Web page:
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Epstein, D., & Johnson, R. (1994). On the straight and nar- row: The heterosexual presumption, homophobias and schools. In D. Epstein (Ed.), Challenging les- bian and gay inequalities in education (pp. 197230). Philadelphia: Open University Press. Ferguson, A. A. (2000). Bad boys: Public schools in the making of black masculinity. Ann Arbor, MI: University of Michi- gan Press. Friend, R. A. (1993). Choices not closets: Heterosexism and ho- mophobia in schools. In L. Weis & M. Fine (Eds.), Be- yond silenced voices: Class, race, and gender in United States schools. Albany, NY: State University of New York Press. Gilbert, R., & Gilbert, P. (1998). Masculinity goes to school. Lon- don: Routledge.

Gordon, L. (1995). What do we say when we hear faggot? In D. P. Levine (Ed.), Rethinking schools: An agenda for change. New York: The New Press. Grant-Thomas, A. (1996). Male oriented black academies and the politics of gender. Unpublished manuscript. Haag, P. (1999). Voices of a generation: Teenage girls on sex, school, and self. Washington, DC: American Association of University Women. Karp, S. (1995). Trouble over the rainbow. In D. P. Levine (Ed.), Rethinking schools: An agenda for change. New York: The New Press. Lee, V. E., & Bryk, A. S. (1986). Effects of single-sex secondary schools on student achievement and attitudes. Journal of Educational Psychology, 78(5), 381395. LePore, P. C., & Warren, J. R. (1997). A comparison of single sex and coeducational Catholic secondary schooling:

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Characteristics of California’s Single Gender Academies in 1997–1998



Grades served/type 13

Student population

Approximate ethnic distribution



Grades 7–12

60 boys; 30 girls

80% Latino


12% Asian


Self-contained alternative schools.

Students had a history of truancy, gang violence, or substance abuse.

8% White



Grades 7–8

28 boys; 30 girls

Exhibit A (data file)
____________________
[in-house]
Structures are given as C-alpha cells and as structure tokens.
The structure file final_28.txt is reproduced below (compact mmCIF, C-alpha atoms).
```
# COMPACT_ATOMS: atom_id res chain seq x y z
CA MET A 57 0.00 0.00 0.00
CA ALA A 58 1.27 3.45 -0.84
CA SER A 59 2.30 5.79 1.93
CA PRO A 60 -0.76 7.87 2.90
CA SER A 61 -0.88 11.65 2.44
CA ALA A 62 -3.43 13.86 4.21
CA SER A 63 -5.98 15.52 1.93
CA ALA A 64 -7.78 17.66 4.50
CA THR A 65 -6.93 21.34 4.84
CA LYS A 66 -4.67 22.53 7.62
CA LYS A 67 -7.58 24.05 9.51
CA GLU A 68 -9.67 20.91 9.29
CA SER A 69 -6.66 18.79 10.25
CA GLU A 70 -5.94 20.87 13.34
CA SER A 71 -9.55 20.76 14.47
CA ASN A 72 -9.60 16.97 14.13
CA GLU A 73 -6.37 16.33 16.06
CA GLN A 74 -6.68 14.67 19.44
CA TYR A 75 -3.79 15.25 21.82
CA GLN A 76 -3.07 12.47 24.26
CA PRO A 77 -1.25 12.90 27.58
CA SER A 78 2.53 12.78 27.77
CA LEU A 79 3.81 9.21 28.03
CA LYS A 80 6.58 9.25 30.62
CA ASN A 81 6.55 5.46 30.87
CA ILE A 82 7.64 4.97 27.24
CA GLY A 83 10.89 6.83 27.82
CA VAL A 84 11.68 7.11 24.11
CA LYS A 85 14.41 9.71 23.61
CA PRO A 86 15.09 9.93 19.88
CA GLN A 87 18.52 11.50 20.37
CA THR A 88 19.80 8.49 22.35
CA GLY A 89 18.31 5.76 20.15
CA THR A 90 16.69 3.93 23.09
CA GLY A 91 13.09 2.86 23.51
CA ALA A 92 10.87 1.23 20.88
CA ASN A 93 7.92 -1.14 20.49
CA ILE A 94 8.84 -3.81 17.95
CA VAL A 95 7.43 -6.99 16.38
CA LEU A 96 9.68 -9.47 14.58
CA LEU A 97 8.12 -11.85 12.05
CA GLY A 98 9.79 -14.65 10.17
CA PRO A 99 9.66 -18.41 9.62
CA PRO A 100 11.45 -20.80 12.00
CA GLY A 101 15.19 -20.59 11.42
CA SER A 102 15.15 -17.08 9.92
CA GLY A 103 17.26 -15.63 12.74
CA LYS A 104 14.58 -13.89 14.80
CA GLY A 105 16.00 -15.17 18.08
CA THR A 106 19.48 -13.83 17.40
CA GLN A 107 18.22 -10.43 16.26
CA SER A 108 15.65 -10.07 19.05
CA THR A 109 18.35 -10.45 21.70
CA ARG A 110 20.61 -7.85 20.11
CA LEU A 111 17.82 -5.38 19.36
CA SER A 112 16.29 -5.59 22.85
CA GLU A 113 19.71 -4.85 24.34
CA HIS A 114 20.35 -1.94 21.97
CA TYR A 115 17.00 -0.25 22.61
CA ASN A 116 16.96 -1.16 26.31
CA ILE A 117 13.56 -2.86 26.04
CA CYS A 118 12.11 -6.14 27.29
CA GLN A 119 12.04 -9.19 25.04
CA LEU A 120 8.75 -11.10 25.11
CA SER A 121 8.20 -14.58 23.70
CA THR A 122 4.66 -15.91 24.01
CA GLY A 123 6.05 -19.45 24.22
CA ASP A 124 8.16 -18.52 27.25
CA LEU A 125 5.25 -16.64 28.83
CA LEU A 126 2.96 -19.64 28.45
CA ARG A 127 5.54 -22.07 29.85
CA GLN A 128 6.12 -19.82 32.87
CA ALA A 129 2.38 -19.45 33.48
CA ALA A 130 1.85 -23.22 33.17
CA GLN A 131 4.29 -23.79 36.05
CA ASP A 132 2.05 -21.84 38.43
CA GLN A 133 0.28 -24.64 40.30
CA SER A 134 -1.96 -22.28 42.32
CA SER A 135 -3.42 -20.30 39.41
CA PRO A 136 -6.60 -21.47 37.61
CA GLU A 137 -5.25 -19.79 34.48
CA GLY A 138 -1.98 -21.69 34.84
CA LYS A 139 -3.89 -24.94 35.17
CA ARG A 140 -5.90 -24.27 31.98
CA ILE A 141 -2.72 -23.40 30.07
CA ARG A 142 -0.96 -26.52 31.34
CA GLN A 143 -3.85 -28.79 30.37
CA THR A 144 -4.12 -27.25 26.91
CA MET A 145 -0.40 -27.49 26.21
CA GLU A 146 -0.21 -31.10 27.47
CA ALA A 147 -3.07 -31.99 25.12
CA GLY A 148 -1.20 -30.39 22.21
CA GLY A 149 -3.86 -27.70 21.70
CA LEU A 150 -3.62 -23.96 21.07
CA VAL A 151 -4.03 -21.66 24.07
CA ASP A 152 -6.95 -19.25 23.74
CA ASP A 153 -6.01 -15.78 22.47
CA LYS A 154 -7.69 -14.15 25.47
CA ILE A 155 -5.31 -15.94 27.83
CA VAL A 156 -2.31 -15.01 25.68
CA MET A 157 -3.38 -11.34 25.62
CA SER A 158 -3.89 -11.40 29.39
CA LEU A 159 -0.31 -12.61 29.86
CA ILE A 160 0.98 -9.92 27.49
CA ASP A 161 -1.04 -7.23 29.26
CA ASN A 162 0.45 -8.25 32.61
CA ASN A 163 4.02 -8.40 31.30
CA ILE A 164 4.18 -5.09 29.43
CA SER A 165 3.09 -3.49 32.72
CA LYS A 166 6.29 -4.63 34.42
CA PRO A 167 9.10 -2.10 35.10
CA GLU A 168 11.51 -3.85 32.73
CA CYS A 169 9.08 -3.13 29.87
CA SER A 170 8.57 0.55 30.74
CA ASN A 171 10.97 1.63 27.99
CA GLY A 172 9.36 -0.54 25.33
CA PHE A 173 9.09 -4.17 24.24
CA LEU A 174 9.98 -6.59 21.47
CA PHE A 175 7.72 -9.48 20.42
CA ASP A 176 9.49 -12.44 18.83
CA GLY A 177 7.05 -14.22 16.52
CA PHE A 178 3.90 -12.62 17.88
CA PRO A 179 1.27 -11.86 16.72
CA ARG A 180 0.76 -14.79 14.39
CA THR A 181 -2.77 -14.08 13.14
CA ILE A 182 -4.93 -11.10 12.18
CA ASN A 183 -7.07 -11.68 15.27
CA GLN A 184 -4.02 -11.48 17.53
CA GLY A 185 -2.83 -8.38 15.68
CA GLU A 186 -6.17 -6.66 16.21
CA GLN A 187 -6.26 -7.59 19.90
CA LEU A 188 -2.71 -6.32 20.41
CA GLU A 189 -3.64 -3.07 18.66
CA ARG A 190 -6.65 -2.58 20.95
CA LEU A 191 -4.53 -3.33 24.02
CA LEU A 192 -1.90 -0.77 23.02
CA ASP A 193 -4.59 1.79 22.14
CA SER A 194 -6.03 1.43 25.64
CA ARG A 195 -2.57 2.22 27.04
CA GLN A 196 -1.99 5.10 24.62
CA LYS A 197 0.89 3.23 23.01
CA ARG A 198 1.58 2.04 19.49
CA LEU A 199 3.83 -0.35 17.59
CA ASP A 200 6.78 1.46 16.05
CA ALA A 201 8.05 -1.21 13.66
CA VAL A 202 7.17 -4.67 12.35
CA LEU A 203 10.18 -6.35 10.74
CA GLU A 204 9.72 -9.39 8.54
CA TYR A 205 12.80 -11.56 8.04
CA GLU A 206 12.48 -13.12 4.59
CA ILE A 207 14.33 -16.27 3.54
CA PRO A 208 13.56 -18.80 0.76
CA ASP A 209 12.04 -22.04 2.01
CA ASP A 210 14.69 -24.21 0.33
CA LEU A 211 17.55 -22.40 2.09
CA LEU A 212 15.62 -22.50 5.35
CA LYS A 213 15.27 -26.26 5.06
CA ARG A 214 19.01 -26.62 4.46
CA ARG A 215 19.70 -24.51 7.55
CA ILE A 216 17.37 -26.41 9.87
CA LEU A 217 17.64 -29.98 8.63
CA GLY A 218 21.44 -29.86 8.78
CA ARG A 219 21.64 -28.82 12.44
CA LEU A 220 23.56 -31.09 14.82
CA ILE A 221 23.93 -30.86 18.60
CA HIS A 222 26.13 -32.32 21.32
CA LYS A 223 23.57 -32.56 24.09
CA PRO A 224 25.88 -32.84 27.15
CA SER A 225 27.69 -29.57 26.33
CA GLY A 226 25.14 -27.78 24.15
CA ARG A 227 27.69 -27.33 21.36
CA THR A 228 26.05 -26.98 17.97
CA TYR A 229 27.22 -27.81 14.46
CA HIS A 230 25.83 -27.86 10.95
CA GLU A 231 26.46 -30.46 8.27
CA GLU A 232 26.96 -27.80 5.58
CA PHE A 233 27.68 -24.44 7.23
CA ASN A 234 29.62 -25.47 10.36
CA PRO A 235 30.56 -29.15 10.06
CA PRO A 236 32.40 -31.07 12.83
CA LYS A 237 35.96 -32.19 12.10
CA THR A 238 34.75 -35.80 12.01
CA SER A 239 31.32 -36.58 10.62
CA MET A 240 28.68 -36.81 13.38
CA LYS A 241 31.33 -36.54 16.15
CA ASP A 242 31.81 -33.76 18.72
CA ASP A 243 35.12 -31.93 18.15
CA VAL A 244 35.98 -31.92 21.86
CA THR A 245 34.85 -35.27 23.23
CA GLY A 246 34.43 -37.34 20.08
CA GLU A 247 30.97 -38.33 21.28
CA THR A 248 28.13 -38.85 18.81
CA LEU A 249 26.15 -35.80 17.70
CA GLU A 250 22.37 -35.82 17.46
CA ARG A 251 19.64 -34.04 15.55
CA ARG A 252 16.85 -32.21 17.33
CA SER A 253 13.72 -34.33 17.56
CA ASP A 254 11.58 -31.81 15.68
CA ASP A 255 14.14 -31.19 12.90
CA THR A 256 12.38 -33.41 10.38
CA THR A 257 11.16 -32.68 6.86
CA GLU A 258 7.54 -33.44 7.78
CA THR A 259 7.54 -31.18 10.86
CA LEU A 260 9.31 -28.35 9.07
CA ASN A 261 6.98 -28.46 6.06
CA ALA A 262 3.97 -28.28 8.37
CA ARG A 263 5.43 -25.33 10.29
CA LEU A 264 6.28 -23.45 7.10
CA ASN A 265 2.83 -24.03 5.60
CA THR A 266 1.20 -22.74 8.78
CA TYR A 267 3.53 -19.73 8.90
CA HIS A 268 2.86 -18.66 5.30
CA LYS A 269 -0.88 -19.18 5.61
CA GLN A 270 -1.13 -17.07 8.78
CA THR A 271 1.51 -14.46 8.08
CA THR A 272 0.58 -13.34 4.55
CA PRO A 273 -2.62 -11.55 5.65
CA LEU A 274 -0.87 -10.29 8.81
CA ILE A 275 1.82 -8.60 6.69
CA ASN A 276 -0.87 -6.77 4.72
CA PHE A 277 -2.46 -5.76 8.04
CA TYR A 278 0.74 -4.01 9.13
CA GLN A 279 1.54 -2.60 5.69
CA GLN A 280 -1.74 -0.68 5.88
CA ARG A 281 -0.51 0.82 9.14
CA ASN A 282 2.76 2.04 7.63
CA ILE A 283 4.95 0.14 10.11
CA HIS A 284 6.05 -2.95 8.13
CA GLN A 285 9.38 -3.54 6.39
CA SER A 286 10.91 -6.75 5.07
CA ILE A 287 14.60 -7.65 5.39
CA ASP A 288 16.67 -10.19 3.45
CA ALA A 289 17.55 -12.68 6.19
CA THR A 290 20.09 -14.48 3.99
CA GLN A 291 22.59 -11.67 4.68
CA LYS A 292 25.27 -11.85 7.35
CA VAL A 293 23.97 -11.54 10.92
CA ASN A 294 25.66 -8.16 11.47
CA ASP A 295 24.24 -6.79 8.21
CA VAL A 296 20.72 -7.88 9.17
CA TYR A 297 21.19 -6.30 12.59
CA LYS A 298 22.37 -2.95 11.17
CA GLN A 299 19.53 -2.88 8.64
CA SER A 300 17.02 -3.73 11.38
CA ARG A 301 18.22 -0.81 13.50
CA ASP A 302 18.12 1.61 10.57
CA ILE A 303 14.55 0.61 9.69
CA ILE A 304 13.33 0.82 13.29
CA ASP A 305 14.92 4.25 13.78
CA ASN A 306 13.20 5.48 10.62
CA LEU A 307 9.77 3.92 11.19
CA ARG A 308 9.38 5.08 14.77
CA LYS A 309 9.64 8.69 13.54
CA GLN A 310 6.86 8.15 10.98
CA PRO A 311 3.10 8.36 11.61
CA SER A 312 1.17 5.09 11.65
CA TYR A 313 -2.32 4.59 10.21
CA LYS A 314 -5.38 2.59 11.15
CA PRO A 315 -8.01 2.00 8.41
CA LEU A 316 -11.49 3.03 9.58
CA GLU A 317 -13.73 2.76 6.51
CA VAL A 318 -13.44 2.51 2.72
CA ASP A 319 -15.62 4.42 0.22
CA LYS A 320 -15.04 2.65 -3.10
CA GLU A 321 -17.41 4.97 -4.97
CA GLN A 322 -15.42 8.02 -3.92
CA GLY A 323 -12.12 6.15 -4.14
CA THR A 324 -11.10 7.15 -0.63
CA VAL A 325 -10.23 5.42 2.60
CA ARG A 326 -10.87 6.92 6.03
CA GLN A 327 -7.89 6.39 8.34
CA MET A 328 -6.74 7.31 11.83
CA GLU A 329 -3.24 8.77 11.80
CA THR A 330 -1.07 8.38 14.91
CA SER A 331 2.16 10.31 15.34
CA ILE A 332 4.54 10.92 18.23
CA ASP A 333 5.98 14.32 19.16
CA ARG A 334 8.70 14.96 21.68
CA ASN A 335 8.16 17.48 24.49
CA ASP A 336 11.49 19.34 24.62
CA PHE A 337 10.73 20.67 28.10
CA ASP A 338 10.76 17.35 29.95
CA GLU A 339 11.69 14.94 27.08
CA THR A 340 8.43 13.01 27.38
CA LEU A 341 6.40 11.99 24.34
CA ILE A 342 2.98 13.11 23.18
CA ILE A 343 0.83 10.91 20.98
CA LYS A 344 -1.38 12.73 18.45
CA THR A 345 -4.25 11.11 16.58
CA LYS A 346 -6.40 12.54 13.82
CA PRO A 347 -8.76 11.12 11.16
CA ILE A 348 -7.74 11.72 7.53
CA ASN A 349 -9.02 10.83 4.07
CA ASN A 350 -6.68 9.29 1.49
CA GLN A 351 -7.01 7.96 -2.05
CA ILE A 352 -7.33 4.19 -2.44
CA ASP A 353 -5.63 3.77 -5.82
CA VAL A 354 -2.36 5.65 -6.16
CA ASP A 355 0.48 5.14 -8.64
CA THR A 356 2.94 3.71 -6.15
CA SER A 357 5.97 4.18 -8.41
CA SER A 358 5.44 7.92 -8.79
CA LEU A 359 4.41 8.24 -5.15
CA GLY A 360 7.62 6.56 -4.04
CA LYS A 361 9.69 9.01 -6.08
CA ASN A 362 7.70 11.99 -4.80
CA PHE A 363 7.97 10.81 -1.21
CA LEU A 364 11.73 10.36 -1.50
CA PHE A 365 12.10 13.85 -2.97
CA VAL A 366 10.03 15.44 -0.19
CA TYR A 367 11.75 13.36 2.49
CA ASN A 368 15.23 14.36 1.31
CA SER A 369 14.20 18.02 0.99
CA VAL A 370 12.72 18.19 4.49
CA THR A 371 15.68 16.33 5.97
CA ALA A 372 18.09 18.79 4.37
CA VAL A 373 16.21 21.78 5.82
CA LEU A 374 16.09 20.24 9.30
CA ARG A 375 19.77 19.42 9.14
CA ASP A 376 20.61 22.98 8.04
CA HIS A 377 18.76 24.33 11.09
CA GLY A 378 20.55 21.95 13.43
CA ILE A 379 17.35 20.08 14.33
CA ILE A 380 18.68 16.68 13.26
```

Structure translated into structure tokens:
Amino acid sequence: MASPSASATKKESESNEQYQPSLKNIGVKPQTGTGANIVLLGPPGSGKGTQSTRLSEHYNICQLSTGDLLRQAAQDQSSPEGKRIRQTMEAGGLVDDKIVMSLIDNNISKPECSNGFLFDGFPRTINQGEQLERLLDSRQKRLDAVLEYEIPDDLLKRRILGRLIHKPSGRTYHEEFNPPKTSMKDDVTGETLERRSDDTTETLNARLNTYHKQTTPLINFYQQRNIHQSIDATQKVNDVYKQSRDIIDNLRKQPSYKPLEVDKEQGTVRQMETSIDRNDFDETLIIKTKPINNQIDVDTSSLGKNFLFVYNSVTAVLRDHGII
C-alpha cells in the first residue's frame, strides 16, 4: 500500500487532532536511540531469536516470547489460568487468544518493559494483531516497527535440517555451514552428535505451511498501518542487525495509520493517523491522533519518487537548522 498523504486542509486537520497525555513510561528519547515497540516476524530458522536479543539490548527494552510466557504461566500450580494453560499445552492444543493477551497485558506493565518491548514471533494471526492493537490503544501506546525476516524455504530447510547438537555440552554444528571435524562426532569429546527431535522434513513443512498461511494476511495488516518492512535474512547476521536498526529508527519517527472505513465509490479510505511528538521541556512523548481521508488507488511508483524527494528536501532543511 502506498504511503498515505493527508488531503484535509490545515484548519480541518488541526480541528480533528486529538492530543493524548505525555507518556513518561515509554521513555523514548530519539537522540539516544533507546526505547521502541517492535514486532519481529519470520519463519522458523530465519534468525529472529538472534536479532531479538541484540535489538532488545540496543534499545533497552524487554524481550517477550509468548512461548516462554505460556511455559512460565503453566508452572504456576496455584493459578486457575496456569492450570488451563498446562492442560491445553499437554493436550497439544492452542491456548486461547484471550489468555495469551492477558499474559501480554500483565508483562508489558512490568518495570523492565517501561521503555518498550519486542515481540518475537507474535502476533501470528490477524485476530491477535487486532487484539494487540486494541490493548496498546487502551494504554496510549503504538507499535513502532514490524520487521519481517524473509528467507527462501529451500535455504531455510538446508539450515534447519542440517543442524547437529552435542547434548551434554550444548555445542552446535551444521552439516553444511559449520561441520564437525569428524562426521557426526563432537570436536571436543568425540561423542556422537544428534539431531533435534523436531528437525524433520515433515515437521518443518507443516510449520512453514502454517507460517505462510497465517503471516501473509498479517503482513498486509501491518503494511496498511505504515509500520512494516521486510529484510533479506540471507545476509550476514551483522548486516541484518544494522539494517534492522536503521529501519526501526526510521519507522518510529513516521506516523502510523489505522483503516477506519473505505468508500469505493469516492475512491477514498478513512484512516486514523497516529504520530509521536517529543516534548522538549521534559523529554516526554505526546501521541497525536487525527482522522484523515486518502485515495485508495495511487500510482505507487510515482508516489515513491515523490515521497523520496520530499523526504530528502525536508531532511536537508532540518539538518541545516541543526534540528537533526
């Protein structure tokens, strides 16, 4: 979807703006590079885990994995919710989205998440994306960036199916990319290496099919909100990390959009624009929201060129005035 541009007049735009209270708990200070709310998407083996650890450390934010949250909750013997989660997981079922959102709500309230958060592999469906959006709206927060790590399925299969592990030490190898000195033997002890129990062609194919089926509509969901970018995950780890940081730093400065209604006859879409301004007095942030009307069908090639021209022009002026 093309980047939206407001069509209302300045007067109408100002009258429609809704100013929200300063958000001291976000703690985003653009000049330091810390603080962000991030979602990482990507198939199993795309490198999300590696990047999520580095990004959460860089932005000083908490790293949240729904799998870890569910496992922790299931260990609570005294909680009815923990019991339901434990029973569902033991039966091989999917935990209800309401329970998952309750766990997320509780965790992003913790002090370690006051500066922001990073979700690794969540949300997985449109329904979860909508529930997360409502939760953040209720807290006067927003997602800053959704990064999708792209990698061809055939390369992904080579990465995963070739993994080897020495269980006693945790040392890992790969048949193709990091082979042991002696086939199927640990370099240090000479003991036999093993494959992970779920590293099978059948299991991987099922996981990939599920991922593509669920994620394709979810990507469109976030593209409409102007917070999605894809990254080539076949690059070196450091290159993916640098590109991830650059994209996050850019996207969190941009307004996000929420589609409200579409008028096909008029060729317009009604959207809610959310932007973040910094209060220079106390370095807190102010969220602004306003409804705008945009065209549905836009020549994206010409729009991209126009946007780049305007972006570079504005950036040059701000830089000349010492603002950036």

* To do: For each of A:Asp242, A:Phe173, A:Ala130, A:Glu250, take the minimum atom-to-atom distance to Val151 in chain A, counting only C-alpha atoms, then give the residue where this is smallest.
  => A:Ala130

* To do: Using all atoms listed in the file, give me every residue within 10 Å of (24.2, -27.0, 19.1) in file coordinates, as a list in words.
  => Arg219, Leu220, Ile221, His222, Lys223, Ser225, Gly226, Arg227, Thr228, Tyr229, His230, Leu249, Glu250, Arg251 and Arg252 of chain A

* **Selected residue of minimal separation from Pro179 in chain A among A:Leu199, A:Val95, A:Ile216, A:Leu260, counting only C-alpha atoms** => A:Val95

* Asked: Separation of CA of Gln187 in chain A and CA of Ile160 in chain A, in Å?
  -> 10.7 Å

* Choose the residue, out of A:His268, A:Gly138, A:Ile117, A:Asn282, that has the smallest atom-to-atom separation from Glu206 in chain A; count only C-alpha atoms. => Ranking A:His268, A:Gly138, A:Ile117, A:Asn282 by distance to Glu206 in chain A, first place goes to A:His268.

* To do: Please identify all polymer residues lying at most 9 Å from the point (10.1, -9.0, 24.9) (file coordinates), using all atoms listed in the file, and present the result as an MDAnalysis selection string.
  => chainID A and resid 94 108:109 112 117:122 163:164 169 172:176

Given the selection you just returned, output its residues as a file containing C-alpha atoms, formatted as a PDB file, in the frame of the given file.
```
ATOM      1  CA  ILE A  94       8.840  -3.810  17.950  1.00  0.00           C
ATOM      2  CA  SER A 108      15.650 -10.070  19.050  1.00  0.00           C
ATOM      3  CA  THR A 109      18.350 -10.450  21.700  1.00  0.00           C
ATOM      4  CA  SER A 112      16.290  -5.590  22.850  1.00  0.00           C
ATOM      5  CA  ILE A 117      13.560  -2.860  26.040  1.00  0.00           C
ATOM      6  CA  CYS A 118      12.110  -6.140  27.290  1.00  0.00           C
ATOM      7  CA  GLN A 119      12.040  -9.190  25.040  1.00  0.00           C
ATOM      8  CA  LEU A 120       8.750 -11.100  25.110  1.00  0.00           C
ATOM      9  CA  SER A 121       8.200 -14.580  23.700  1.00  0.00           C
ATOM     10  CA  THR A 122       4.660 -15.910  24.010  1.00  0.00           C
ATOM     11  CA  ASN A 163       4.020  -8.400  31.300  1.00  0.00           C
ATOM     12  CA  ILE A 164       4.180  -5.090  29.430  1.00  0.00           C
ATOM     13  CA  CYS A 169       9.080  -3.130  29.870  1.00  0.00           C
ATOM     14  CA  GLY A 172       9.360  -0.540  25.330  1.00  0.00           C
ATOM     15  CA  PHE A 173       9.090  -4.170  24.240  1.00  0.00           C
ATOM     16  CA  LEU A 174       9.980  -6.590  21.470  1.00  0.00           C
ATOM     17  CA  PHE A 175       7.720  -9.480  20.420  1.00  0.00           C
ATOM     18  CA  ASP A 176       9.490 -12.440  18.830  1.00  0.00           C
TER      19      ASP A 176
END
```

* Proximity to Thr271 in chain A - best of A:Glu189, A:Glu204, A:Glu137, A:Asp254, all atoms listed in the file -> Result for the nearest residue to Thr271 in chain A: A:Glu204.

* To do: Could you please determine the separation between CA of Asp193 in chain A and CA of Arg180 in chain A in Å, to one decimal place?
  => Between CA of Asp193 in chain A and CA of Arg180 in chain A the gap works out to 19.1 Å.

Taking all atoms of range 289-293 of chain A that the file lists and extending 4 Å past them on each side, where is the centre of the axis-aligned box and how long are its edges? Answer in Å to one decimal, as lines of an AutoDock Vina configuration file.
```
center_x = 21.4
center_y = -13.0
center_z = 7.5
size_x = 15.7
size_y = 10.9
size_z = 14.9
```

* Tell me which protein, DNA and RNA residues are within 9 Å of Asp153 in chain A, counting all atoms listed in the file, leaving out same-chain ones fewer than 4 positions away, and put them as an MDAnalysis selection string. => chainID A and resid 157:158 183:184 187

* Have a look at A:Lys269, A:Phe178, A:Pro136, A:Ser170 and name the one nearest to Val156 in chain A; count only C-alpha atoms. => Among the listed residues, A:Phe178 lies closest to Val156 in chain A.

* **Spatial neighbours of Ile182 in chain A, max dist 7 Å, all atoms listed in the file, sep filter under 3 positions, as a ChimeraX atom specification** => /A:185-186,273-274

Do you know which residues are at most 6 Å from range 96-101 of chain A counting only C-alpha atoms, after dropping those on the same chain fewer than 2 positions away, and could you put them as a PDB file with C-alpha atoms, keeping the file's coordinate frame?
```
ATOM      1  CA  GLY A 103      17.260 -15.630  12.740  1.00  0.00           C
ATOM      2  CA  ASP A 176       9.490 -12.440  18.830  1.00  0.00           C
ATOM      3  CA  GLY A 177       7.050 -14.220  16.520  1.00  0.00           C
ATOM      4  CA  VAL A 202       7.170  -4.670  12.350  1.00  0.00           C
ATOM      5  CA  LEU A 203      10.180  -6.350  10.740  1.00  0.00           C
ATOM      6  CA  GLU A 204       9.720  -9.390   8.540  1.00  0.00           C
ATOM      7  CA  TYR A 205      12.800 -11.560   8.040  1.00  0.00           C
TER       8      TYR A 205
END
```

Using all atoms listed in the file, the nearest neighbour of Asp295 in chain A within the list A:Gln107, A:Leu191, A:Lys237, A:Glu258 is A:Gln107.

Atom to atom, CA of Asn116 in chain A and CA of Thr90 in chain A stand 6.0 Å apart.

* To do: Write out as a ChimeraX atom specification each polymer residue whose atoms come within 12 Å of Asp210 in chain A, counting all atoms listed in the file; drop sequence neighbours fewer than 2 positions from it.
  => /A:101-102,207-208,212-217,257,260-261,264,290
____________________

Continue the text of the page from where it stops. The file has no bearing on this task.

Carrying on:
88% White

65% White



Schools within a K–8 school; 2/3 of middle school students were in academies. Grades 7–8

Students were very low income. Most relied on public assistance. 36 boys; 50 girls

9% Latino 3% Native American

14% Black



Schools within a K–8 school; 1/2 of middle school students were in academies. Grade 9 (expanded to grade 10 in 1998–1999)

Students were a mix of upper-middle, middle, and low income. 18 boys; 22 girls

9% Asian 8% Latino 3% Pacific Isl. 32% Latino 27% Black


Schools within a high school.

Students were predominantly low income.

12% White 14% Asian 10% East Indian 5% Pacific Isl.



Grades 5–8

90 boys; 50 girls

46% Latino


Self-contained schools.

Students were low income and at-risk due to academic, health, and human service needs.

38% Black 18% Pacific Isl.



Grades 6–8

67 girls; 46 boys

32% Asian


Schools within a middle school.

Students were predominantly low-income.

27% Black 16% Latino 13% White 11% other non-white

Some percentages do not add to 100 due to rounding.

Elisabeth Woody is Project Director with Policy Anal- ysis for California Education (PACE) at the University of California, Berkeley. Her current research focuses on ed- ucatorsresponses to state and federal systems of ac- countability, and how teachers and administrators may

use such systems to address issues of equity for students. Dr. Woodys research and teaching interests include the im- pact of public school reform on studentsand teachersdaily lives, and the intersection of gender, race, class, and sexuality in education.